- 3 990 Ft
New York Times bestselling author Dorothea Benton Frank takes readers on a rollicking ride in this lowcountry tale about a woman whose unconventional friends and family show her the real meaning of unconditional love.
Anna Lutz Abbot considers herself independent and happy—until one steamy summer when her collegiate daughter comes home to Isle of Palms, South Carolina, a very different person, her wild and wonderful ex-husband shows up on her doorstep, and her flamboyant new best friend takes up with her daddy. And the already hot temperatures are cranked up another ten degrees by Anna’s own fling with Arthur, who is, heaven help us, a Yankee. Now, Anna must face the fact that she isn’t as in control of her life as she’d thought. And she must find a way to deal with the whole truth—and not just the comfortable parts...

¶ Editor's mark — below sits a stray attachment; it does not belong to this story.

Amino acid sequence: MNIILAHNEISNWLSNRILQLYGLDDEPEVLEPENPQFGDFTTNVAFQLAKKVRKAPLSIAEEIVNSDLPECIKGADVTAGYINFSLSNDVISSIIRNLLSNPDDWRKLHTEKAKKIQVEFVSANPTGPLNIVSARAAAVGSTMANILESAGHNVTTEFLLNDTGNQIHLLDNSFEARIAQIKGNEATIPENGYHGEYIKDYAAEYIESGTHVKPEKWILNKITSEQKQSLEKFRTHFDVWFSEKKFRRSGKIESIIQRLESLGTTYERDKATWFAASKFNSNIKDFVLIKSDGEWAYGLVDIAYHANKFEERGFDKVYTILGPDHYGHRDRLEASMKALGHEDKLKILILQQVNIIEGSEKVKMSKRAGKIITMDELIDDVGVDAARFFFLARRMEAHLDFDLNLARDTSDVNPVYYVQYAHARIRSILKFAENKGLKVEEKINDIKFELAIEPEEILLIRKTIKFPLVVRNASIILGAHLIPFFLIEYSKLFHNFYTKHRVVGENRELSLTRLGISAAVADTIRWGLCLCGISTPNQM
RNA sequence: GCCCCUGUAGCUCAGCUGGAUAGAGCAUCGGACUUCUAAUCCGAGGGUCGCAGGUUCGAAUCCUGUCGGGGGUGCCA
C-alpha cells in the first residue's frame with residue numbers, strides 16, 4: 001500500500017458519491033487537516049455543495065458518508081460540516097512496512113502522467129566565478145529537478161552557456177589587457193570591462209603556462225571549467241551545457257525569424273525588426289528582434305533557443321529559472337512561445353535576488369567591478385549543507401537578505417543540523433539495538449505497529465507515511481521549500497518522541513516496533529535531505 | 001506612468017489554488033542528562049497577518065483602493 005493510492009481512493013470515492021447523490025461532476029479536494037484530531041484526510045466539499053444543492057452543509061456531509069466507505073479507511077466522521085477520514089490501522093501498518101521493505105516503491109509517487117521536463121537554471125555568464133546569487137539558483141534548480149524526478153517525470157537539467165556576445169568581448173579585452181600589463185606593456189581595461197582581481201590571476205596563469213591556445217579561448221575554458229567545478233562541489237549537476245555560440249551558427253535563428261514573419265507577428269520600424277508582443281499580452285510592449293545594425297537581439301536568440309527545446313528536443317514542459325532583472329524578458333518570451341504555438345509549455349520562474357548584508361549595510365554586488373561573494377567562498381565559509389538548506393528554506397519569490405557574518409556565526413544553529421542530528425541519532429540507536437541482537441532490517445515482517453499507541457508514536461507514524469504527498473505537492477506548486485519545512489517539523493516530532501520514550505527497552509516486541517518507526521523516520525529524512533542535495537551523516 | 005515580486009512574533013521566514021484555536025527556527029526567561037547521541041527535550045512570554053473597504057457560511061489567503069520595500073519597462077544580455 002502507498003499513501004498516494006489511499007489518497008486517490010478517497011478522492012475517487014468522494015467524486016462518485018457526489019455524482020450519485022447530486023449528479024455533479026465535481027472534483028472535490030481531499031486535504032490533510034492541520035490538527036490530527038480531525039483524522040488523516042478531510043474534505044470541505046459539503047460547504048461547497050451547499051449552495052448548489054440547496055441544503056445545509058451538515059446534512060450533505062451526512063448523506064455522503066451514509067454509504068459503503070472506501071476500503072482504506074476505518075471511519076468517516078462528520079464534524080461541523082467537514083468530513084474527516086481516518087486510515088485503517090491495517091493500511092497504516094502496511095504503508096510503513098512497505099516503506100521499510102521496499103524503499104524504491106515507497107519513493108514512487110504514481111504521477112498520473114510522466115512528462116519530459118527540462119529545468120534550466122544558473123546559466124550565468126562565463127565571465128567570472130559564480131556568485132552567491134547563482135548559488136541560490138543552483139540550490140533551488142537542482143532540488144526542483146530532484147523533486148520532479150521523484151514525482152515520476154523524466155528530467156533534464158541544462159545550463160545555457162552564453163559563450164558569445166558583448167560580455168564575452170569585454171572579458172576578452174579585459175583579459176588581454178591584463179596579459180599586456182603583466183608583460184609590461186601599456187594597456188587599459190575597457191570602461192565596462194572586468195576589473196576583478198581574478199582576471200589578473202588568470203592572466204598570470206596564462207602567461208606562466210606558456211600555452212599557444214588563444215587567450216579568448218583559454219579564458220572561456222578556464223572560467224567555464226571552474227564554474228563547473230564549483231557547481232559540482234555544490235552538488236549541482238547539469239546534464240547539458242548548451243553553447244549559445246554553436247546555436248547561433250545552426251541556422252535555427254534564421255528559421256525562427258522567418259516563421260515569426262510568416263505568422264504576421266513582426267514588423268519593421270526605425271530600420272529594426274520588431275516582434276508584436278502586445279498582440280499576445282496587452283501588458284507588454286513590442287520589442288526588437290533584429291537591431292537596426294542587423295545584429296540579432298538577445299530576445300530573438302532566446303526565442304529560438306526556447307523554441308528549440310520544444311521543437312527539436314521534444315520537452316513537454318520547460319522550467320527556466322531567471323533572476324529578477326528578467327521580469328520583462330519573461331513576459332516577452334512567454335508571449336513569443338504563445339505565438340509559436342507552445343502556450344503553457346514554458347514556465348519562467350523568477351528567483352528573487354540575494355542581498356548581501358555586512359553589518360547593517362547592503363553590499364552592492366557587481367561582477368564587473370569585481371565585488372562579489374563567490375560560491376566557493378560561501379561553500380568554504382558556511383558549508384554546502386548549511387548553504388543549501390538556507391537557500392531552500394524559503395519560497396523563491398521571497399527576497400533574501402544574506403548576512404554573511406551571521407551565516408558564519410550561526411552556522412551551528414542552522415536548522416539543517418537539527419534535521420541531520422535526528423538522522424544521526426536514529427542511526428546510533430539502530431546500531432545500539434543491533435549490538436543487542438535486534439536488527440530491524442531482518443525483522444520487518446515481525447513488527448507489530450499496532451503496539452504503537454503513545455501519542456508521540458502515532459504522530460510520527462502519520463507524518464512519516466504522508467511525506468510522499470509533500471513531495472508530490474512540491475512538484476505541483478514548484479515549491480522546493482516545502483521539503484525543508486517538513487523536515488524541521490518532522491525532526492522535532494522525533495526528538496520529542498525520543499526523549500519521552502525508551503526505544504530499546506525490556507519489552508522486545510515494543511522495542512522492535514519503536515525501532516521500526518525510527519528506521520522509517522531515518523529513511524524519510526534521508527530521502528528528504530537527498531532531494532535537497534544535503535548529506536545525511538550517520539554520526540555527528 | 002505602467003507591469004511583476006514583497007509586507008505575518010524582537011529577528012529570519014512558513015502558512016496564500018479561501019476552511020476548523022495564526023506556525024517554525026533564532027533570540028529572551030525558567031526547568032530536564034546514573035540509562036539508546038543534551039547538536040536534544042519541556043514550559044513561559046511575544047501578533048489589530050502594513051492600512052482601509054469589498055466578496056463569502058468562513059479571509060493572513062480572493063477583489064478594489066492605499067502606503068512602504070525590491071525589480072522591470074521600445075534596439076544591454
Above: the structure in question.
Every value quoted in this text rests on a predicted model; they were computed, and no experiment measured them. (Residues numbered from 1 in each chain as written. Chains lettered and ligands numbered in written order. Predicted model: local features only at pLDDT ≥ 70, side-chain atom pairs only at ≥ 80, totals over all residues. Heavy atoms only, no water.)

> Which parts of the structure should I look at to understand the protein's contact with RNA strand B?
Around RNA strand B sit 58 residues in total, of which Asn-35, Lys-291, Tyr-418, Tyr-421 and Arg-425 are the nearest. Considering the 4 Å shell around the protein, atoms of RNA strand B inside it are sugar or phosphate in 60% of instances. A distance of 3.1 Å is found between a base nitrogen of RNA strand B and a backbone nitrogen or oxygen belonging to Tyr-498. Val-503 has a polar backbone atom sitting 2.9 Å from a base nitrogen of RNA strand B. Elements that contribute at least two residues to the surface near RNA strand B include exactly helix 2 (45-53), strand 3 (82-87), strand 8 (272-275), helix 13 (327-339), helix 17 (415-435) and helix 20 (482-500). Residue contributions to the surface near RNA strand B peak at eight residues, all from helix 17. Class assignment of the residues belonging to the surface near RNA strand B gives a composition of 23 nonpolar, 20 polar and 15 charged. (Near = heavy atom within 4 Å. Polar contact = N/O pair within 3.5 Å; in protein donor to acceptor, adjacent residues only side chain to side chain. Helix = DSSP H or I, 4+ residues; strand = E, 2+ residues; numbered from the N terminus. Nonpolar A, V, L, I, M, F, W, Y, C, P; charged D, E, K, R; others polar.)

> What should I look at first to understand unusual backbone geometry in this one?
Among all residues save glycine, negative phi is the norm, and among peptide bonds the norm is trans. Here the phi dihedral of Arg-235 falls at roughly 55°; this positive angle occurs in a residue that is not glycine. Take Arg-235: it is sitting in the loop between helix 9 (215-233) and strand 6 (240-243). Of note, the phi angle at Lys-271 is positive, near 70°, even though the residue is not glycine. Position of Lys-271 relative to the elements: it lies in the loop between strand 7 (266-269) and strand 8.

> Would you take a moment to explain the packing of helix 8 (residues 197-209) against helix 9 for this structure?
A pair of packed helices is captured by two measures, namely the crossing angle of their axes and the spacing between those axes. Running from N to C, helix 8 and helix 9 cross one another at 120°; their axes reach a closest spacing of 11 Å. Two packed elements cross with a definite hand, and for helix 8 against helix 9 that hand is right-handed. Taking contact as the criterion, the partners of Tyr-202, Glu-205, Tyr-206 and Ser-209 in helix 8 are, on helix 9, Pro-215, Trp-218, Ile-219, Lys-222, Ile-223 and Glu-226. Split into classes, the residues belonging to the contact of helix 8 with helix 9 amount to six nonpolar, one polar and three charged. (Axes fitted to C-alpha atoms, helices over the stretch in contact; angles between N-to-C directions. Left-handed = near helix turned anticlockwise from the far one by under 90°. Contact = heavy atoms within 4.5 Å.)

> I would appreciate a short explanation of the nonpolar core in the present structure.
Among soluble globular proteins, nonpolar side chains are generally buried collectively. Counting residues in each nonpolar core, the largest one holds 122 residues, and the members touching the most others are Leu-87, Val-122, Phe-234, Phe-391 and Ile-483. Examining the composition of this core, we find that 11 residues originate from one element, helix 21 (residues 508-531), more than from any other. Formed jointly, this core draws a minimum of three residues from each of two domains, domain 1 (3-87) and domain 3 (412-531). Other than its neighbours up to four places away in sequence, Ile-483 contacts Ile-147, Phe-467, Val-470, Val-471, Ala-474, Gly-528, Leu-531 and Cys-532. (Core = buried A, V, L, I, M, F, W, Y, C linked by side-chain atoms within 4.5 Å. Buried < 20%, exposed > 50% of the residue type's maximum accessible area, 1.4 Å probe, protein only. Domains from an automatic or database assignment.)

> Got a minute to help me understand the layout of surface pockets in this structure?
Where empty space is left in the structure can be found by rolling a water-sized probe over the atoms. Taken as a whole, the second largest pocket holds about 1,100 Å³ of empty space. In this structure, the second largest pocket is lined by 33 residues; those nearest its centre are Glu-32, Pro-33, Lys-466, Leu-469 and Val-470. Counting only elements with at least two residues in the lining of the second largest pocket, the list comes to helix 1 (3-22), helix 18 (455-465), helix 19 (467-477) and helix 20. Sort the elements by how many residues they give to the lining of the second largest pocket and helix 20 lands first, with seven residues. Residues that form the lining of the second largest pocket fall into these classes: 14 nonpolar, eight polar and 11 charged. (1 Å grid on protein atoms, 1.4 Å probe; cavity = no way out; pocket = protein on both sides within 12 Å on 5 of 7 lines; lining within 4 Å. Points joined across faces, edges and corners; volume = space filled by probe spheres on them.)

Honey, you think you've got a dysfunctional family. Anna Lutz Abbot wants you to sit yourself down with a glass of sweet tea and hear all about why her family takes the pound cake. Momma dies in bed (amyl nitrate) with the wrong man when Anna is 10. Daddy is a tightwad who does a better job of looking after other people's kids (he's a pediatrician) than his own. Paternal grandmother Violet is a German martinet who blames Anna when Everett Fairchild drugs, beats, rapes and impregnates her after the prom. Jim Abbot, who gallantly insists on marrying her, is gay, which is fine with Anna except that he's gorgeous as well as perfect and she craves more from him. Toss in Jim's harridan mother and Anna's daughter, Emily, who makes her first appearance in full goth regalia. Frank's brilliant stroke is to give her narrator a voice like nobody else. Oh, Anna's Dixie as all get out, madly in love with the South Carolina Lowcountry, especially the islands off Charleston, but she's no steel magnolia. A perpetually pissed-off curmudgeon is more like it; she actively prays for her grandmother's death and takes a hammer to Everett's Mercedes when he shows up to meet Emily. "You're my birth father, aren't you?" Emily says, in one of the few scenes to lack high drama. (Frank writes at a fever pitch, even when describing the decor of Anna's new hair salon.) The third Lowcountry novel (Sullivan's Island; Plantation) is sure to delight Frank's fans and win new admirers, although the story occasionally staggers under the weight of its mammoth cast.